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Field of Canola, Alberta, Canada
Mazola rapeseed oil - the clue is in the flower picture

Canola is a type of edible oil derived from plants initially bred in Canada by Keith Downey and Baldur Stefansson in the 1970s. The oil is extracted from a group of cultivars of rapeseed variants from which low erucic acid rapeseed oil and low glucosinolate meal are obtained. The word "canola" was derived from "Canadian oil, low acid" in 1978. The oil is also known as "LEAR" oil (for Low Erucic Acid Rapeseed).

Canola was developed through conventional plant breeding from rapeseed, an oilseed plant with roots in ancient civilization. The word "rape" in rapeseed comes from the Latin word "rapum," meaning turnip. Turnip, rutabaga, cabbage, Brussels sprouts, mustard and many other vegetables are related to the two canola species commonly grown: Brassica napus and Brassica rapa. The negative associations with the word "rape" resulted in the more marketing-friendly name "Canola". The change in name also serves to distinguish it from regular rapeseed oil, which has much higher erucic acid content.

Health benefits

Canola oil has been claimed to promote good health due to its very low saturated fat and high monounsaturated fat content, and beneficial omega-3 fatty acid profile. The Canola Council of Canada states that it is completely safe and is the "healthiest" of all commonly used cooking oils. It has well established heart health benefits and is recognized by many health professional organizations including the American Dietetics Association, and American Heart Association, among others. Canola oil has been authorized a qualified health claim from the US Food and Drug Administration based on its ability to reduce the risk of coronary heart disease due to its unsaturated fat content.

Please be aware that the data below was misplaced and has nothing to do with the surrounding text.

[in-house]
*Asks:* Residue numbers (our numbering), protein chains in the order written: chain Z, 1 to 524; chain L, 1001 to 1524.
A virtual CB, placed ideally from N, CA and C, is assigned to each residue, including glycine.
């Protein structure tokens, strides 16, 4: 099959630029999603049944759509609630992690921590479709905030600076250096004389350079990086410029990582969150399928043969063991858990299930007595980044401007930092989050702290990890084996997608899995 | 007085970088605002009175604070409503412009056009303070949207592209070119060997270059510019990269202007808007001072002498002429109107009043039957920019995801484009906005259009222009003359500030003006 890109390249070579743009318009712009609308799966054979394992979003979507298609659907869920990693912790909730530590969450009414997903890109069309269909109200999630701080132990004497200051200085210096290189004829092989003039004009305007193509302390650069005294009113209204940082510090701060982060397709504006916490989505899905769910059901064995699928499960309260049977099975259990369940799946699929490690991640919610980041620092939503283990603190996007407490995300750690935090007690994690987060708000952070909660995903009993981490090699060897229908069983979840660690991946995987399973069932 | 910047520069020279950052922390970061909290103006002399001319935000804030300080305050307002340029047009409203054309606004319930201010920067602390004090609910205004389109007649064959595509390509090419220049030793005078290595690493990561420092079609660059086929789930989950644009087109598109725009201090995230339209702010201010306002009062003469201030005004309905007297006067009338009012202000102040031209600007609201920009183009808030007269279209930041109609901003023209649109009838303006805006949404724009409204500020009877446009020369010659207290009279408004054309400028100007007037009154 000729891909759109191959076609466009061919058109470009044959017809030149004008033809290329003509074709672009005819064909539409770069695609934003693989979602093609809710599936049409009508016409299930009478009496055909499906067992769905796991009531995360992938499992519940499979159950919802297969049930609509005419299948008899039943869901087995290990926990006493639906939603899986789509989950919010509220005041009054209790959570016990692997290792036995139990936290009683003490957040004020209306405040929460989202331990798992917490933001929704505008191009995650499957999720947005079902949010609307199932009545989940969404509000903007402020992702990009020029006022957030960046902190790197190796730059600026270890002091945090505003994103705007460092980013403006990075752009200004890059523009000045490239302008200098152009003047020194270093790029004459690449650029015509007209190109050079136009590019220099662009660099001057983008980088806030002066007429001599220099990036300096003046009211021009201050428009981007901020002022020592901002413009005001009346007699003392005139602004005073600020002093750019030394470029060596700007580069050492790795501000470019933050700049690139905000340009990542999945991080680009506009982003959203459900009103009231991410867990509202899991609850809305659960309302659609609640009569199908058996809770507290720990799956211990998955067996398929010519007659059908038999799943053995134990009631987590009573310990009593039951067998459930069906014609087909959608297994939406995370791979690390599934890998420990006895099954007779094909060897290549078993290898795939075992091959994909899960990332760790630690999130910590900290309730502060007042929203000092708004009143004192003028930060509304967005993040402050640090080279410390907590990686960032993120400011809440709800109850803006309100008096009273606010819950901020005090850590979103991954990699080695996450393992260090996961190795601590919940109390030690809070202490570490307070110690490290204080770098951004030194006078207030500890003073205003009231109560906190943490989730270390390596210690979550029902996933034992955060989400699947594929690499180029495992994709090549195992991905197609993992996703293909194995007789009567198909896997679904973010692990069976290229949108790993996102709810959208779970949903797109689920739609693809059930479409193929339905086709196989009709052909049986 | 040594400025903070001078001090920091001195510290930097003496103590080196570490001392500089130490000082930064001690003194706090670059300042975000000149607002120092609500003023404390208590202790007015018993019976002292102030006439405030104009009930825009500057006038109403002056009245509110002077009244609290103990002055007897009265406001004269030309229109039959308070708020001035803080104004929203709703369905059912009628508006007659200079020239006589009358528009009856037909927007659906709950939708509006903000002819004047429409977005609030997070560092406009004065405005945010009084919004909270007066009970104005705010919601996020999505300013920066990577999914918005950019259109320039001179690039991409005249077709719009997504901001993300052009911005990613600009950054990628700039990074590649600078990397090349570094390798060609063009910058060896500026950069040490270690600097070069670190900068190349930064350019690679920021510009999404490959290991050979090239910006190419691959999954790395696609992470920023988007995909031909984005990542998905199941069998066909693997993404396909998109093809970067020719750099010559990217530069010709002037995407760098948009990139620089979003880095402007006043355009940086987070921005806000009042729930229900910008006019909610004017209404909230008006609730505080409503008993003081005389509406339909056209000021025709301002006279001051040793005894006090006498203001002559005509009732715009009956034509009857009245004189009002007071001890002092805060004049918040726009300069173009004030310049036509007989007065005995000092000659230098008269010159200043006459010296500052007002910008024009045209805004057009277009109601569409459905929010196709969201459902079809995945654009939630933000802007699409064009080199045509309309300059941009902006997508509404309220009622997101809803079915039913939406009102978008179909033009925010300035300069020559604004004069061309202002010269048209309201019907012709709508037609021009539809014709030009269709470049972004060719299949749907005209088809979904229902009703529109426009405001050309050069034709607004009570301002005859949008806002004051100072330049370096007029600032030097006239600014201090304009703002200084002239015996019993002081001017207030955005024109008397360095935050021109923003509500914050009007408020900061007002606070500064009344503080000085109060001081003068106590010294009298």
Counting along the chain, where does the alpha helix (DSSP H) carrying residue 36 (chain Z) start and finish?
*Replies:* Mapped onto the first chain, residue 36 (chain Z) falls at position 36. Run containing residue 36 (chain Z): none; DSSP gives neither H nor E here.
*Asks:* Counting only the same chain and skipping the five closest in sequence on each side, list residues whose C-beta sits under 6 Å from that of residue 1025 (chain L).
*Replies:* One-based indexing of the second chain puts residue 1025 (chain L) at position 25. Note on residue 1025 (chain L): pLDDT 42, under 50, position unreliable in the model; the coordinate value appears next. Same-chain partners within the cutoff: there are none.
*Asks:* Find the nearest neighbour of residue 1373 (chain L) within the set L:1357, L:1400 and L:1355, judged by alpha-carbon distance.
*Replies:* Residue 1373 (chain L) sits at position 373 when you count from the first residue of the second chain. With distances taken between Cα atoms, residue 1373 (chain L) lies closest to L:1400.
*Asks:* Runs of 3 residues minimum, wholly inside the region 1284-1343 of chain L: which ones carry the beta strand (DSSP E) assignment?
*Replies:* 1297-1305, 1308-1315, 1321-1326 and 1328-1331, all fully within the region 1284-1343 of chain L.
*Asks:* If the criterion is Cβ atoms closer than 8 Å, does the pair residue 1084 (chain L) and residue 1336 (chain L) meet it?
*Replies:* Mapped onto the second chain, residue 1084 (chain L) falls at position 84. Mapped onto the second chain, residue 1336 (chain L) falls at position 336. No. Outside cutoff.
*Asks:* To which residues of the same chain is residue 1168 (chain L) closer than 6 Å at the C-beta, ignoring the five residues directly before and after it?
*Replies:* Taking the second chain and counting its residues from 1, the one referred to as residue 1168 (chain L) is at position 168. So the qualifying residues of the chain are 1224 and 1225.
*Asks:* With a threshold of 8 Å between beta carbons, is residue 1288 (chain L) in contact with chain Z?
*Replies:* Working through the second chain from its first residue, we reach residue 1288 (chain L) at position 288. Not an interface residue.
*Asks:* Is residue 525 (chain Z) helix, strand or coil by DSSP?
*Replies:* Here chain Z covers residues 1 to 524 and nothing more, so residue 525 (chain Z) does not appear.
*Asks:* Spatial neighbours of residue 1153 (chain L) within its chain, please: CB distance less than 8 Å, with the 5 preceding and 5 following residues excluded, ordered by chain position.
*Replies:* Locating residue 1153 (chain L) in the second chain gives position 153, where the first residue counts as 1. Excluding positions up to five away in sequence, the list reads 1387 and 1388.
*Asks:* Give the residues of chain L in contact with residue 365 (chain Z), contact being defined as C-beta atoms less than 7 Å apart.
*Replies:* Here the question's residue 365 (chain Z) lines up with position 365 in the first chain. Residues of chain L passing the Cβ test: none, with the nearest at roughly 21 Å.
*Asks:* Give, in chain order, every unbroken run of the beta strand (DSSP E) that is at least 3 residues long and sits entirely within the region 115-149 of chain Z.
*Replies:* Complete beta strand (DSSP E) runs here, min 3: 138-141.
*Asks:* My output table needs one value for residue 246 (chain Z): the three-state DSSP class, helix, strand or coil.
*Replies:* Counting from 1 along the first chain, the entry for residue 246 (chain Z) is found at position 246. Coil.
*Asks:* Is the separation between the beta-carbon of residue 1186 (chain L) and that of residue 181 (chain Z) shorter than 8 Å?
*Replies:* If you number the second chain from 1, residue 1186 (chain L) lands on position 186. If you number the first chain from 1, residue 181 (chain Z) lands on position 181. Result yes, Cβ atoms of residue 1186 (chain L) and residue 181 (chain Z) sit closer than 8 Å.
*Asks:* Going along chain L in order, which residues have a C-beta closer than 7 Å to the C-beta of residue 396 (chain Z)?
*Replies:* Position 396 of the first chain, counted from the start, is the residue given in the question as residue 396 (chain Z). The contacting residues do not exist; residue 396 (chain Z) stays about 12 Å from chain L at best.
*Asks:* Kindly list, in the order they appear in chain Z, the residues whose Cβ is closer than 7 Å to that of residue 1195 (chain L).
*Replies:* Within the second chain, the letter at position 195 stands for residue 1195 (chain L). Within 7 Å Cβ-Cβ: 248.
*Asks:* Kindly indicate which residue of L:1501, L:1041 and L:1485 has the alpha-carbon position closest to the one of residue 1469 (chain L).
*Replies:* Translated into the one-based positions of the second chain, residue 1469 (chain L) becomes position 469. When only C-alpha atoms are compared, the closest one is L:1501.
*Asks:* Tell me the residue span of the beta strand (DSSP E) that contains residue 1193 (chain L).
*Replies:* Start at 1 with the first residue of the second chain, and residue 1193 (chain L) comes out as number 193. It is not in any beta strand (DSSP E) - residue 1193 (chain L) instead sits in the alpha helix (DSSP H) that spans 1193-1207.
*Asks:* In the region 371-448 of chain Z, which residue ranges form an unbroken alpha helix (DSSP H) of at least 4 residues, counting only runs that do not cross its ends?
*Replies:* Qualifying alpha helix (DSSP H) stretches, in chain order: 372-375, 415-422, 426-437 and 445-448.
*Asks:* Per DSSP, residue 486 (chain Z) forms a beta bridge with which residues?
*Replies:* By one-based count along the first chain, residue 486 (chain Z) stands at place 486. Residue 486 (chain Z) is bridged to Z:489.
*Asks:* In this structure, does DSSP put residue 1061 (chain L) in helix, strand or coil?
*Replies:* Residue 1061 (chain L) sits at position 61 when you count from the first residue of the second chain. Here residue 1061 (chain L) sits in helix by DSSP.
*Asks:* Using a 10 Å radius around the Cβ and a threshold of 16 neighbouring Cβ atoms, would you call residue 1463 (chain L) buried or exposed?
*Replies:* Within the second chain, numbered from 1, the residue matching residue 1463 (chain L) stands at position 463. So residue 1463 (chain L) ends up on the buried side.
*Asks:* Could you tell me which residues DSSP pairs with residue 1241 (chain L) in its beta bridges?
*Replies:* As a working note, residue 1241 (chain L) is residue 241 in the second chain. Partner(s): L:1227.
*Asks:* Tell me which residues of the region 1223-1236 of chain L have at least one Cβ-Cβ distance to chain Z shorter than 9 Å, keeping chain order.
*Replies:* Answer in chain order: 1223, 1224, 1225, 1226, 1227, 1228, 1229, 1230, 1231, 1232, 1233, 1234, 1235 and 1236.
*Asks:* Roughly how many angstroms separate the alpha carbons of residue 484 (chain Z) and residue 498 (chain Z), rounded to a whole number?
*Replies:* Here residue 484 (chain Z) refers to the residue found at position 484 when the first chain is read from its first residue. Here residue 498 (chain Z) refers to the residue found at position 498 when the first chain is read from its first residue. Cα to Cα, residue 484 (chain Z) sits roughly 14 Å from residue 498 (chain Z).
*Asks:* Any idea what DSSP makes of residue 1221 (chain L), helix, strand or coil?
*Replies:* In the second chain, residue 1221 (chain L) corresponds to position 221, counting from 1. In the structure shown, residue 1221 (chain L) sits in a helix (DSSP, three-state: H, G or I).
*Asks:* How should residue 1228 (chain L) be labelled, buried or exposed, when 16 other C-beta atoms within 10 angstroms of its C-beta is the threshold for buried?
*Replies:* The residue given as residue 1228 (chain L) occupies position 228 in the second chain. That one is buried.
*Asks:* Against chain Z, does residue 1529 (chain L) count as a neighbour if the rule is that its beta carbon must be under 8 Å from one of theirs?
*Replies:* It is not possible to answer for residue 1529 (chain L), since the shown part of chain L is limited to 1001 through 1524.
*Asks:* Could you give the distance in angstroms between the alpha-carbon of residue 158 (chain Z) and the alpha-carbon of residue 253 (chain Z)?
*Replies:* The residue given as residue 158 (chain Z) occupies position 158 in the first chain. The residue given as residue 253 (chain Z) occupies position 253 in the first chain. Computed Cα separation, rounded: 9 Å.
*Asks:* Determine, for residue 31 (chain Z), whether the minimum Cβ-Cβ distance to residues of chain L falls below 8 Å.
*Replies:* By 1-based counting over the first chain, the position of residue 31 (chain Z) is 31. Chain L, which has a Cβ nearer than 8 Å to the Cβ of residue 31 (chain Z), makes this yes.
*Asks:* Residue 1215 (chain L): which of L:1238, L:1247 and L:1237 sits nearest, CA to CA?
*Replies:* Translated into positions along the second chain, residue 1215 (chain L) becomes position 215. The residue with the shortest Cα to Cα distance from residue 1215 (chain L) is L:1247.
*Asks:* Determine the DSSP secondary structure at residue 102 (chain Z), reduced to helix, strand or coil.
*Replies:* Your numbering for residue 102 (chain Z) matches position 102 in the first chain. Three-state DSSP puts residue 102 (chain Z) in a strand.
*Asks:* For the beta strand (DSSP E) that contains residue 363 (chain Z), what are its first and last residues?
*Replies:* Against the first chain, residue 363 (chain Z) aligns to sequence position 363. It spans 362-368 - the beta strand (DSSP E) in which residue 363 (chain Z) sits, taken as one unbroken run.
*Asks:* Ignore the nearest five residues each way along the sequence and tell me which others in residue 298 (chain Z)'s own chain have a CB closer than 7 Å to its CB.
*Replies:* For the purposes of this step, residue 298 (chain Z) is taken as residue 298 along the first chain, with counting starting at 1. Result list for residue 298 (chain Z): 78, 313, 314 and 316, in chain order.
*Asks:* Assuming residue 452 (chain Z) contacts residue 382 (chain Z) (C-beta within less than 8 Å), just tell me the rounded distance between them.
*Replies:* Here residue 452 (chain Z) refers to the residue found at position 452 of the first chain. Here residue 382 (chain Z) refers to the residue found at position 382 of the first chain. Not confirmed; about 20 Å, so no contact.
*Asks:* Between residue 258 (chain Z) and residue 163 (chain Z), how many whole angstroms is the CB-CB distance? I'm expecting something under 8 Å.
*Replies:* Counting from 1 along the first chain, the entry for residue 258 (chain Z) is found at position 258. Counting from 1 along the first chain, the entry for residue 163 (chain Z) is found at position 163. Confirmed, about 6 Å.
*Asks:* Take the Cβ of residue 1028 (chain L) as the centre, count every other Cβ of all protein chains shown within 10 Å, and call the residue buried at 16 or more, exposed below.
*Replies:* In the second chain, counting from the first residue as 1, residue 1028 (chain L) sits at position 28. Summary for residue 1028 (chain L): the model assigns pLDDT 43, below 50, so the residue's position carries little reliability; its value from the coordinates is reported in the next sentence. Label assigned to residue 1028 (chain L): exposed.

If you want a light alternative to other cooking oils, rapeseed is a great choice and has experienced a surge in popularity since around 2008. It's produced from the bright yellow rape plant that grows freely in the UK in large fields. Best cold -pressed, the oil can then used drizzled as salad dressing, or heated to fry or bake. It's low in saturated fat, so has been hailed for its health benefits and also has other nutritional bonuses - it contains omegas 3, 6 and 9, which reduce cholesterol and help to maintain healthy joint, brain and heart functions. As it is high in mono-unsaturated fats, it is one of the only unblended oils that can be heated to a high frying temperature and not spoil its antioxidants, character, colour or flavour. Homegrown rapeseed oil has been heralded the 'British olive oil' but its flavour is more earthy and nutty than fruity. BBC

Genetic modification

Genetically modified canola which is resistant to herbicide was first introduced to Canada in 1995. Today 80% of the area of canola is sown with genetically modified canola.

Buying Canola in the UK

You can buy excellent cold-pressed extra virgin rapeseed oil in the UK and the one I use is called R-Oil, which is produced in Lower Swell in the Cotswolds.

Although the classic Mazola oil product is produced from corn (maize), Mazola also produce an organic and a non organic rapeseed oil labelled as vegetable oil. You need to study the small-print to discover that it's a rapeseed product, though there is a clue in the flower picture on the bottle.

See also

Find recipes that contain 'Canola'

#canola #rapeseed #antioxidants #oliveoil #corn #preparedfoods #mustard #vegetableoil #maize #unsaturatedfat #brusselssprouts